Jesse was a chemist, at the cutting edge of the Industrial Revolution in
Newcastle manufacturing dyes and drugs, and subsequently, following the
financial failure of this business, as a distiller and nursery gardener in
Edinburgh. His career is an example of Edinburgh's participation in the dynamic,
turbulent economic development of the Regency period.
- - August 1811
Distillery (now the site of Lochrin Place) from 1807-1811
- Religious views
- His son John was baptised in infancy but was
'christened' by Sandford. Elsewhere in the register Sandford explains the distinction:
'privately baptised at birth, and afterwards received into the church
- Prior to coming to Edinburgh he had been a manufacturer
of chemicals in Newcastle, his main partner being Frederick Glenton. They are
described variously as 'Chemists, Druggists, and Colourmen' and 'Manufacturers
of Sal Ammoniac'. In 1800 the firm was 'Taylor, Glenton and Ness', but that year
John Taylor was replaced by John Peacock (8). In 1803 the firm folded, and the
process of resolving the business's affairs continued until 1809: he was finally
certified bankrupt in July 1808 (8,9). By 1807 he was in Edinburgh and appears
to have been a clerk at Lochrin Distillery (3) and in business in James
Campbell's nursery (6). Lochrin Distillery was founded about 1780 by John Haig.
The still house was excavated in 2005 prior to the site's residential
development. Lochrin was a large industrial operation, investing in new
technology, and running into financial trouble, as it tried to keep ahead of the
excise. The Haigs also had a distillery at Canonmills. There was a boom in
industrial whiskey production in the 1780s following the ban on private stills,
and much was imported to England for gin until a prohibitive excise caused this
trade to collapse. The distillery ran into trouble in 1810 but appears still to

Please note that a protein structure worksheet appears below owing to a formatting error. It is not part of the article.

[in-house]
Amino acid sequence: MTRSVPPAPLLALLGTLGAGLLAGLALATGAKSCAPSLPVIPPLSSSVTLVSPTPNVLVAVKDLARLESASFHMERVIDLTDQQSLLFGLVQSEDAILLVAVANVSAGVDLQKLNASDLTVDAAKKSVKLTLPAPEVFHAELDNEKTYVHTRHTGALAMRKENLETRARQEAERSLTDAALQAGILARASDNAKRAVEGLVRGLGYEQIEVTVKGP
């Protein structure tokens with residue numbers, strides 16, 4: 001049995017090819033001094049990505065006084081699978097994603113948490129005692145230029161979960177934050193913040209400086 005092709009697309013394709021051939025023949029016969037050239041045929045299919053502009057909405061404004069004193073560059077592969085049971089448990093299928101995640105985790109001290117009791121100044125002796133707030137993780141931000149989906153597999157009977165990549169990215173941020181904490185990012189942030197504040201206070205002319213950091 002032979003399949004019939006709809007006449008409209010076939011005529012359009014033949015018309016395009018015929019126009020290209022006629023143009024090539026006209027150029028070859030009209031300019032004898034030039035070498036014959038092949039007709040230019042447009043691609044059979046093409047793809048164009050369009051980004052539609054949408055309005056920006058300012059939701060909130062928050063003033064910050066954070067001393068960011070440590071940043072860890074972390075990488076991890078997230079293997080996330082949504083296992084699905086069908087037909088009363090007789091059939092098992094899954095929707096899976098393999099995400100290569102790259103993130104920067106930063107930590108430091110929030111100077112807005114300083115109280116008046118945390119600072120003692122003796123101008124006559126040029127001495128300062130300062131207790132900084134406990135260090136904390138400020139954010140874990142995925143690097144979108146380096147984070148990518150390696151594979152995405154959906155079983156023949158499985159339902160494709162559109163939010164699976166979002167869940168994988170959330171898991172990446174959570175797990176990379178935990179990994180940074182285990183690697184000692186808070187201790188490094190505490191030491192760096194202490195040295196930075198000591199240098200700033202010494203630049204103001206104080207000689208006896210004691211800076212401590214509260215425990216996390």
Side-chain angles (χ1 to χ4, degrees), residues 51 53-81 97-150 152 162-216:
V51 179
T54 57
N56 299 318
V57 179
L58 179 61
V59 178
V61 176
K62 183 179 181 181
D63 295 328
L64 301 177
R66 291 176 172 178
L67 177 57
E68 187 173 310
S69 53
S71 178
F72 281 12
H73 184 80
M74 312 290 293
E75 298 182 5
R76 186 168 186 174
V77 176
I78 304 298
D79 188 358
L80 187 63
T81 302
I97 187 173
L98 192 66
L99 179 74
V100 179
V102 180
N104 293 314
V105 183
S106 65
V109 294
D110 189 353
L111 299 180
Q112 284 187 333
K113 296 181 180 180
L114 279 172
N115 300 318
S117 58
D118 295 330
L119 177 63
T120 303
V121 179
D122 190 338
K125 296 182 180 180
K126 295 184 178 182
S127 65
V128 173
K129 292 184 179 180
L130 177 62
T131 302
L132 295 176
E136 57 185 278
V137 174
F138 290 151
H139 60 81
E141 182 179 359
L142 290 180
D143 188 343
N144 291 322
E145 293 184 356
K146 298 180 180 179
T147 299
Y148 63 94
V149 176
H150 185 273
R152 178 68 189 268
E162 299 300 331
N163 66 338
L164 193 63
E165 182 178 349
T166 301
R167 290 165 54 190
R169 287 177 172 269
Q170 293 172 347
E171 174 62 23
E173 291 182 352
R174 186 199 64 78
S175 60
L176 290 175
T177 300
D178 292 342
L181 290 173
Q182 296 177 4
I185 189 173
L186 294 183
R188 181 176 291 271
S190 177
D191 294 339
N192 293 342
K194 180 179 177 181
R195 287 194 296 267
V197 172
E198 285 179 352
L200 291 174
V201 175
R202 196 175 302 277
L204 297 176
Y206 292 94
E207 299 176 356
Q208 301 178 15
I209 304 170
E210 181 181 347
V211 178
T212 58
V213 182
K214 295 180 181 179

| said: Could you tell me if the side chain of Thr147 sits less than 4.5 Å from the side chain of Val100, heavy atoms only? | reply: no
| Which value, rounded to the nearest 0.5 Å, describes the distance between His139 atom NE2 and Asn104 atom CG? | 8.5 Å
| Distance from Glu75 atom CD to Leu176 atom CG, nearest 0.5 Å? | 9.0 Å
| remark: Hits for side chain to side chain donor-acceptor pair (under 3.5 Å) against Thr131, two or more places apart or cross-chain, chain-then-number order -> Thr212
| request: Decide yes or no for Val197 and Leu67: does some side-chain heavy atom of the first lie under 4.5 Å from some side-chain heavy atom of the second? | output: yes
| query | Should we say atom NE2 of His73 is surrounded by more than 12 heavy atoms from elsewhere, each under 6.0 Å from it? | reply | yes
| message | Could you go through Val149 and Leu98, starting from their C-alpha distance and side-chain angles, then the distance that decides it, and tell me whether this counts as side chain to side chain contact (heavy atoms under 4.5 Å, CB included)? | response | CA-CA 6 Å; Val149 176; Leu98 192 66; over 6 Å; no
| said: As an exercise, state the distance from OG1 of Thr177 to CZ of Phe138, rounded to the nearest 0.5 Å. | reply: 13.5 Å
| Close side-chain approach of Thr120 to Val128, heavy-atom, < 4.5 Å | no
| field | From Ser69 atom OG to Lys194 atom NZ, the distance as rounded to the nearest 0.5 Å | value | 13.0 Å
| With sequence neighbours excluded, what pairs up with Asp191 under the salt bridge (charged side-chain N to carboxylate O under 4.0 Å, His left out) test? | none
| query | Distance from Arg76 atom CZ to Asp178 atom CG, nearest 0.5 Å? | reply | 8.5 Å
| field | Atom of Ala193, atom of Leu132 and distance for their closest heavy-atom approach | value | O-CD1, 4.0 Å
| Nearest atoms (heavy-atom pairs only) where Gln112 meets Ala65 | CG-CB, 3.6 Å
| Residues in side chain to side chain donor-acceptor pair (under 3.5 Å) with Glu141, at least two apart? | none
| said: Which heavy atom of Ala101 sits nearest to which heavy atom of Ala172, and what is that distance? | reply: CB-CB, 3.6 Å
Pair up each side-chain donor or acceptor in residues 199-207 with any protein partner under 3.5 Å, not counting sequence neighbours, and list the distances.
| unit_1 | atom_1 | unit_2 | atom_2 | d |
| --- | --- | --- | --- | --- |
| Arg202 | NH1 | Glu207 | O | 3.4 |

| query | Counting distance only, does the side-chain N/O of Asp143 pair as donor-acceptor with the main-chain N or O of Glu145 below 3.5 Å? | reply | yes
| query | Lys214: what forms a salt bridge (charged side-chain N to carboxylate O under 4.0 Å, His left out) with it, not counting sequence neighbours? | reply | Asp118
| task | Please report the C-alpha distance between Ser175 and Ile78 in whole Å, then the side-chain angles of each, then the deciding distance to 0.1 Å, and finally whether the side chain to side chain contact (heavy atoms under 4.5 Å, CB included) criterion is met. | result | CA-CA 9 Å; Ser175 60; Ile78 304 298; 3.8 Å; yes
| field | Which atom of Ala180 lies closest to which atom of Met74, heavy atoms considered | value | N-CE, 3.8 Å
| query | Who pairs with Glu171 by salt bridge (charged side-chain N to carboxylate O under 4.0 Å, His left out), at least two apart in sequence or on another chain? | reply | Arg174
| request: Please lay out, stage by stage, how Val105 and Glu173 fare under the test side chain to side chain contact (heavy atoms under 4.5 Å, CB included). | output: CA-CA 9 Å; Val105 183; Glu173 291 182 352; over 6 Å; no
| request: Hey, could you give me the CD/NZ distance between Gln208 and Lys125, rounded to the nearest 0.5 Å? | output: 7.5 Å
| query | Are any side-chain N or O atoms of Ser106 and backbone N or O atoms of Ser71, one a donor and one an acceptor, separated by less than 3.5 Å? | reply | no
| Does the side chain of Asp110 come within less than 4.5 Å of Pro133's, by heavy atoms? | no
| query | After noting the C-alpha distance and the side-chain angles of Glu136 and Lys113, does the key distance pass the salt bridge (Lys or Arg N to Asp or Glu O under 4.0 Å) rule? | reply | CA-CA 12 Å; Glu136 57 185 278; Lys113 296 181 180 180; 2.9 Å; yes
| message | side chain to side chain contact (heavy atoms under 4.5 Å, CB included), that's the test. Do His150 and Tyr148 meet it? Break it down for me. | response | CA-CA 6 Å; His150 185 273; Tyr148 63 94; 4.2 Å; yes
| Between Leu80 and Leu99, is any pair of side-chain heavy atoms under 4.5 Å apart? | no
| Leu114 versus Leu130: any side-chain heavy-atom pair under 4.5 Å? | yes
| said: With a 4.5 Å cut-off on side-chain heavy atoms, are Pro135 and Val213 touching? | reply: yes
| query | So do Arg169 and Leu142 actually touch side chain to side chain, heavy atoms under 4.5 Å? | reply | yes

have been operating in 1814, avoiding the excise by producing spirit as fast as
possible in low-volume stills (resulting in poor quality). These barriers to
producing good quality whiskey began to be removed in 1814 but the distillery
closed at some point. It was open in 1821 and continued to operate
intermittently until 1848 (4).
- Wealth at death
- He died intestate, and must have had entangled
business affairs, since his creditors met after his death to settle his affairs.
The English and Scottish creditors and business partners were still arguing
about them two years later. (5)
- Assessed taxes 1811
- His house had 16 windows and a rental value of
- Chapel connection
- baptism, 1810
- Marion Ness
- John (1803), 'Christened on this occasion (1810), having
been baptised in infancy', Marion (1810)
- Janet Haig was a member of
his employer's family.
- Registers of Charlotte Chapel (NAS CH12/3)
- Edinburgh Post Office Directory 1818
- Assessed taxes for the Burgh of Edinburgh year ending at Whitsunday 1811, National Archives of Scotland E327/51
- Richard Heawood, 'Excavations at Lochrin Distillery, Edinburgh', Industrial Archaeology Review 31.1 (2009) pp.34-53 (available online)
- Caledonian Mercury, 22 August 1811, 11 September 1813.
- Jesse Ness' Will, National Archives of Scotland
- See Alexander Robertson
- London Gazette, 16 December 1800, 17 March 1804, 14 June 1808, 4 November 1809
- Bury and Norwich Post 27 July 1803.
- National Library of Scotland Town Plans / Views, 1580-1919 (Edinburgh), online accessed 1 November 2011.
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